Rihanna’s performance on this week’s Saturday Night Live set everyone talking—and for once, it wasn’t about her singing or Chris Brown. Instead, the iconic performer joined rapper Azealia Banks in coming under fire for tapping into an online digital artist scene known as seapunk.
The artist’s performance of her latest single, “Diamonds,” featured smooth, lush vocals and even cooler teal-washed images of earth, sea, and sky that looked as if they had originated as spinning gifs on an ancient Geocities website. It’s all part of the seapunk aesthetic—and since Rihanna and Azealia have latched on, many musicians are questioning whether underground musical movements can ever take place on the Internet.
In March, The New York Times described seapunk as “a whimsical style that mashes together cartoonish aquatic themes, rave culture and a nostalgia for ’90s Internet imagery. The iconography, which exists almost entirely online, includes clip art of dolphins jumping through pyramids, aquamarine-haired mermaids with SpongeBob T-shirts, and psychedelic orbs flying over computer-generated waves.”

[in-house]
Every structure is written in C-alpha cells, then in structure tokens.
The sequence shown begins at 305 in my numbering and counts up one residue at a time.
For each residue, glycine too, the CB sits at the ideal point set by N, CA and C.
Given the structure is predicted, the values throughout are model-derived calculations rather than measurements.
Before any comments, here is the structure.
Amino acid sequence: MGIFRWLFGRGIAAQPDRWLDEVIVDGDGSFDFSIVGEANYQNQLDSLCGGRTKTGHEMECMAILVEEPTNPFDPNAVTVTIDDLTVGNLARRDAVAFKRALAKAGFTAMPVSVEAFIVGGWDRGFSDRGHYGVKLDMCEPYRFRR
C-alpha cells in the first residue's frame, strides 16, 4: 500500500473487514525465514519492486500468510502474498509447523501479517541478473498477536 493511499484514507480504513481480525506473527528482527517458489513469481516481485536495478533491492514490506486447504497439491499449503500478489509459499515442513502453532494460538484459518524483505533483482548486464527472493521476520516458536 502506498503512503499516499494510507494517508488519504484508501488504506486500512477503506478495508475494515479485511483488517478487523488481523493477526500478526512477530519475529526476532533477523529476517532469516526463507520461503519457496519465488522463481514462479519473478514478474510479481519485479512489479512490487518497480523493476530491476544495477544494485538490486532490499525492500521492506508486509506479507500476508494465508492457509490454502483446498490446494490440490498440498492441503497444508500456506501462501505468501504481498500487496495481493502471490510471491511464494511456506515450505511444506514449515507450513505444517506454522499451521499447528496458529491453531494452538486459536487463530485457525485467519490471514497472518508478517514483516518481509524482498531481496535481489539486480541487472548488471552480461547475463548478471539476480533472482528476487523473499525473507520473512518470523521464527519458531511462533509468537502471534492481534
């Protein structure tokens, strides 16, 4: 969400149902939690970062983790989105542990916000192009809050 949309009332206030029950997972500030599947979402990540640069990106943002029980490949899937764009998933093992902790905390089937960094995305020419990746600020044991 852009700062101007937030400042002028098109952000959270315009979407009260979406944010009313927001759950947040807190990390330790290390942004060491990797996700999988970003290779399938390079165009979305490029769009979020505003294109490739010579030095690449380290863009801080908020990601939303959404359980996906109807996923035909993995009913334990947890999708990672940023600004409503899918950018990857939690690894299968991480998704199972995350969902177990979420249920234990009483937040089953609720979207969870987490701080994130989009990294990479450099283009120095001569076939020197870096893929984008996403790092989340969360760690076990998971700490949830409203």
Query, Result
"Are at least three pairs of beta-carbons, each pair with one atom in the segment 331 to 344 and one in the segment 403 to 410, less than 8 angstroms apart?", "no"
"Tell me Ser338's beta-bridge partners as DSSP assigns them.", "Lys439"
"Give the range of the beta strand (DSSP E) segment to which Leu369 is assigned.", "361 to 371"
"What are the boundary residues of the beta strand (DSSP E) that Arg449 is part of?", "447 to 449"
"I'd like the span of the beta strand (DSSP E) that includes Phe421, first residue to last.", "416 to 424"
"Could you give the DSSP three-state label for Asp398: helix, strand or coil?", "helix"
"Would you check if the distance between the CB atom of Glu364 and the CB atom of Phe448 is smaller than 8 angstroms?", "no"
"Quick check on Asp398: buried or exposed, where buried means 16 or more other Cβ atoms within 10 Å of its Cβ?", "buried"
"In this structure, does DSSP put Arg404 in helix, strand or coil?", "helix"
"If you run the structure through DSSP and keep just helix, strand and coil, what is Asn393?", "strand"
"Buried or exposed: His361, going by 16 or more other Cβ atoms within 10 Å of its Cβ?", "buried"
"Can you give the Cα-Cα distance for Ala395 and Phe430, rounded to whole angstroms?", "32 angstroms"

Though its joke origins are clear, seapunk can be read as a subversive take on similar X-punk movements within sci-fi/fantasy communities; like steampunk and stitchpunk, it fixates on a historical cultural aesthetic and merges it into a futuristic world full of overwrought grandeur—if you consider bleeding colors and memeified clip art grand. And there are deliberate cyberpunk elements involved, like the emphasis on computer-generated technology, pixellated everything, and the endless flow of images like data across the screen. It’s as if Max Headroom got stuck in your playlist, and now the only way out is through the music, often a chillaxed electronica dance beat that surfs its way across the ocean of your brain.